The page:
Now there are a couple of different approaches to this camouflage. Some use ornaments; others try to cover it in tinsel. I like the architectural approach myself, and re-engineer the tree so it meets my specs. I start with the very foundation of tree decorations, the lights. What I do is use the light strands to haul branches around to where I need them. Now you can’t do this with cheap light strands; they don’t have the tensile strength to handle the load and will part under the strain, adding a little extra excitement to your Christmas festivities. Back in the old days, this was easier, as the lights were actual bulbs on thick strands of wire. Yes, you had a slight risk of a fire erupting in your tree, or third degree burns if you accidentally touched one, (reds were the hottest, for future reference) but the soft warm glow of the lights sure was pretty! That is, as long as they were on. These older strands were wired in series, which means that if one bulb went out, the whole strand went dark. I can remember spending hours swapping bulbs, searching for the bad one, only to find that my test bulb was bad. Now of course, we have these weenie little peanut bulbs that barely give off any light at all. Sure, they flash and twinkle, but so would the old ones if you stuck a bobby pin in the outlet!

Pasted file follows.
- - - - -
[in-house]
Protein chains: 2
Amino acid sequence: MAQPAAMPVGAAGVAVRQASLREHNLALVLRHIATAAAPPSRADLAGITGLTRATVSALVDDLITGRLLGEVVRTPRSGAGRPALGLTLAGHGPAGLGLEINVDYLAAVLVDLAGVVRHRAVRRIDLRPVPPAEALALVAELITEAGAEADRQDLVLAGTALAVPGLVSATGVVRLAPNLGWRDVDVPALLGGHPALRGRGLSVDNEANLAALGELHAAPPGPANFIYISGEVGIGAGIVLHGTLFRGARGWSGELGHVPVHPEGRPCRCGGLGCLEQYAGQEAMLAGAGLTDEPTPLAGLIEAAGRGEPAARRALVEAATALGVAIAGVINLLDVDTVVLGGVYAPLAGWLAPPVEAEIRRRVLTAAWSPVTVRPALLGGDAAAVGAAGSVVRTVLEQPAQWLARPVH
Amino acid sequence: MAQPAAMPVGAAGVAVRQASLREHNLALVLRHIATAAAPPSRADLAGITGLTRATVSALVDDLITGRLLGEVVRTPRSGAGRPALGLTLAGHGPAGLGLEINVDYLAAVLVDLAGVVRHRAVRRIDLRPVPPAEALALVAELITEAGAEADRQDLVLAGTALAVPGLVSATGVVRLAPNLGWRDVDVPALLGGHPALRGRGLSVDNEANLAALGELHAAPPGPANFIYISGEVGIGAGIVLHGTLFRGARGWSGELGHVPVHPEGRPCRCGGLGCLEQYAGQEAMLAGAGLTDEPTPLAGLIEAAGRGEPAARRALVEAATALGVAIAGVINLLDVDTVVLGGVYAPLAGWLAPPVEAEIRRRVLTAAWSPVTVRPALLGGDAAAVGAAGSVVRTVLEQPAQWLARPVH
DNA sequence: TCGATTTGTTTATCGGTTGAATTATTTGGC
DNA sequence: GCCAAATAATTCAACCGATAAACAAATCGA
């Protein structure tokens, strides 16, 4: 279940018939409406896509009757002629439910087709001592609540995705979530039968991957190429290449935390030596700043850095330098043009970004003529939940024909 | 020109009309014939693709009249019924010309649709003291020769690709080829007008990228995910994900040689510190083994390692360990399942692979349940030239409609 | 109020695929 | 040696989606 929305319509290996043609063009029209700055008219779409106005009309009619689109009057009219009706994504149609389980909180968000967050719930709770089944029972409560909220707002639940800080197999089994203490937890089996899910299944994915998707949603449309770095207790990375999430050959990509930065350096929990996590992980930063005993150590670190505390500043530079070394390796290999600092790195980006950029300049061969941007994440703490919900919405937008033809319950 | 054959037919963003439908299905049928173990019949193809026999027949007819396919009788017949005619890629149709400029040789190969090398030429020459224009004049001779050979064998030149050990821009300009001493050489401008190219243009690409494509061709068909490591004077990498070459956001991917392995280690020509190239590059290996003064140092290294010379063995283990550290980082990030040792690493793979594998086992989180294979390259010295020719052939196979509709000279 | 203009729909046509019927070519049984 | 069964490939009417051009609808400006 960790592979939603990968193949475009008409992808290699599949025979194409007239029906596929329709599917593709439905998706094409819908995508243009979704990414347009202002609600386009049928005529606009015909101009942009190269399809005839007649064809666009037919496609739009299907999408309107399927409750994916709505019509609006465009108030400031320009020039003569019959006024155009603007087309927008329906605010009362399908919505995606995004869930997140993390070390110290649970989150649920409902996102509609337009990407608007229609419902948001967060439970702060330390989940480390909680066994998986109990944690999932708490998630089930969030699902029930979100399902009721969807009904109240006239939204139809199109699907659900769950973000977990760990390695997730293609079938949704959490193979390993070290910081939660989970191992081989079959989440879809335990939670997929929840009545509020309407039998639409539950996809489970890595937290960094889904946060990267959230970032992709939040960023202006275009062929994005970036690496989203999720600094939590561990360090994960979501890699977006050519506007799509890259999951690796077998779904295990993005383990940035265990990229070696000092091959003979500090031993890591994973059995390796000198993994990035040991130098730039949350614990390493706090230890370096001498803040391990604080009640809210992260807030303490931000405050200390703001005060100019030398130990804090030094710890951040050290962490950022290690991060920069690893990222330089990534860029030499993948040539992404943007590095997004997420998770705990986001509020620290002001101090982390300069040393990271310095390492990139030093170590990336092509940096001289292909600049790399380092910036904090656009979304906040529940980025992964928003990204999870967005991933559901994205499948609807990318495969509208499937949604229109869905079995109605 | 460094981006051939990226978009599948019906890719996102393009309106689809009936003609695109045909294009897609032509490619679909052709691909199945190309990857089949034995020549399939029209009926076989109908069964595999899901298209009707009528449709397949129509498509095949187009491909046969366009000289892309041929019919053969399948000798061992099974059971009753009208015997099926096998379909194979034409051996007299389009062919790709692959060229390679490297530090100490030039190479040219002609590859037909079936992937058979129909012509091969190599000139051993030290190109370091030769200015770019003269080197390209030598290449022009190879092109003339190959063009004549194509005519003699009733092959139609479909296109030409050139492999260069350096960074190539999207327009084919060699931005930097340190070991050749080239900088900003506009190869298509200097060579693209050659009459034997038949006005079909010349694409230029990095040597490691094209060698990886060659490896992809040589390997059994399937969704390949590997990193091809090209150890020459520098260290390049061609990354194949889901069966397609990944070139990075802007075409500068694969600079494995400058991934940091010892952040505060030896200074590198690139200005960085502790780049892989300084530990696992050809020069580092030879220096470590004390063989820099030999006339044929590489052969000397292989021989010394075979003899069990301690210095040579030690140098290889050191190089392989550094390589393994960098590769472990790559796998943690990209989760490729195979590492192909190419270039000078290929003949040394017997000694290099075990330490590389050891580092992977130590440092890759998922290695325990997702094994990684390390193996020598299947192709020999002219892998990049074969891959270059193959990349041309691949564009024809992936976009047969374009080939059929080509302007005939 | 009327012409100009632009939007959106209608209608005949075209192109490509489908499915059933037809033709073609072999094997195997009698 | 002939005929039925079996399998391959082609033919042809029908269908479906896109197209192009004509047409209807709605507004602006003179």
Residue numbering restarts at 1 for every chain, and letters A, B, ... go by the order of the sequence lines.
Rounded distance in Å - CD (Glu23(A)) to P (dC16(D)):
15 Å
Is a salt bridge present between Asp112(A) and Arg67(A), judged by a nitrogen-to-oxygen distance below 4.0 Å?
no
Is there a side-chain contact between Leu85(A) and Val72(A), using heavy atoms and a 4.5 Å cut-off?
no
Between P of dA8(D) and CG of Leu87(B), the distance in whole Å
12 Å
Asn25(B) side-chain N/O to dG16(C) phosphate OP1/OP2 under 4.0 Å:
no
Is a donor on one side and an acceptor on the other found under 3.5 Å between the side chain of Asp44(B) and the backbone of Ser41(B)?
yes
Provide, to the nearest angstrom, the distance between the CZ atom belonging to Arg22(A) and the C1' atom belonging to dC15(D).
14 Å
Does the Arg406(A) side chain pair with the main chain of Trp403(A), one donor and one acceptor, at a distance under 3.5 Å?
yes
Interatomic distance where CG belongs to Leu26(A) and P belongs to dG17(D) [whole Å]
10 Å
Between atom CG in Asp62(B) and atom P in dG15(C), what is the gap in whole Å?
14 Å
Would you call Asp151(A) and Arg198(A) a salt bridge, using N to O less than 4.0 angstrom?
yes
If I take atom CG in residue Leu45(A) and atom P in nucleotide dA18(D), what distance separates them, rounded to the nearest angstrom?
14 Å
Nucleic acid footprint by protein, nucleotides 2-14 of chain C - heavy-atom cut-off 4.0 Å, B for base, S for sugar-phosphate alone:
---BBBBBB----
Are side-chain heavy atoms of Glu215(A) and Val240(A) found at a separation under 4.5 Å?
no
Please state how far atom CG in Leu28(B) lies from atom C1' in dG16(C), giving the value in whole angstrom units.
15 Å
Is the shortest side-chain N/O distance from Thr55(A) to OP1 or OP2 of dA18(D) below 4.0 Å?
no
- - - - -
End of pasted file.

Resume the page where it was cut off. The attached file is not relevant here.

Anyway, I start at the top of the tree and wrap the lights in a spiral. Using the wire strand to reposition the branches, I slowly cover the bare spot. If you try this at home, use smaller branches, as they are easier to position, but don’t use the really small ones, because they can slip free, causing a whiplash effect that can be dangerous, especially if you’ve already hung your ornaments. Picture a medieval mangonel hurling shards of razor sharp glass, and you’ll get the picture. Experience will show you just how much tension you can place on the branch before you reach the breaking point of either the branch, or the wire strand. Also, remember that the load is cumulative, and each branch you move adds its own stress to the tree. When you get toward the bottom of the tree, the branches are much sturdier, and resist being pulled into their new configuration. A slight brush with a small chain saw near the trunk will ease this problem, although it will make that branch turn brown faster than the rest. A can of green spray paint works wonders to correct this slight deficiency.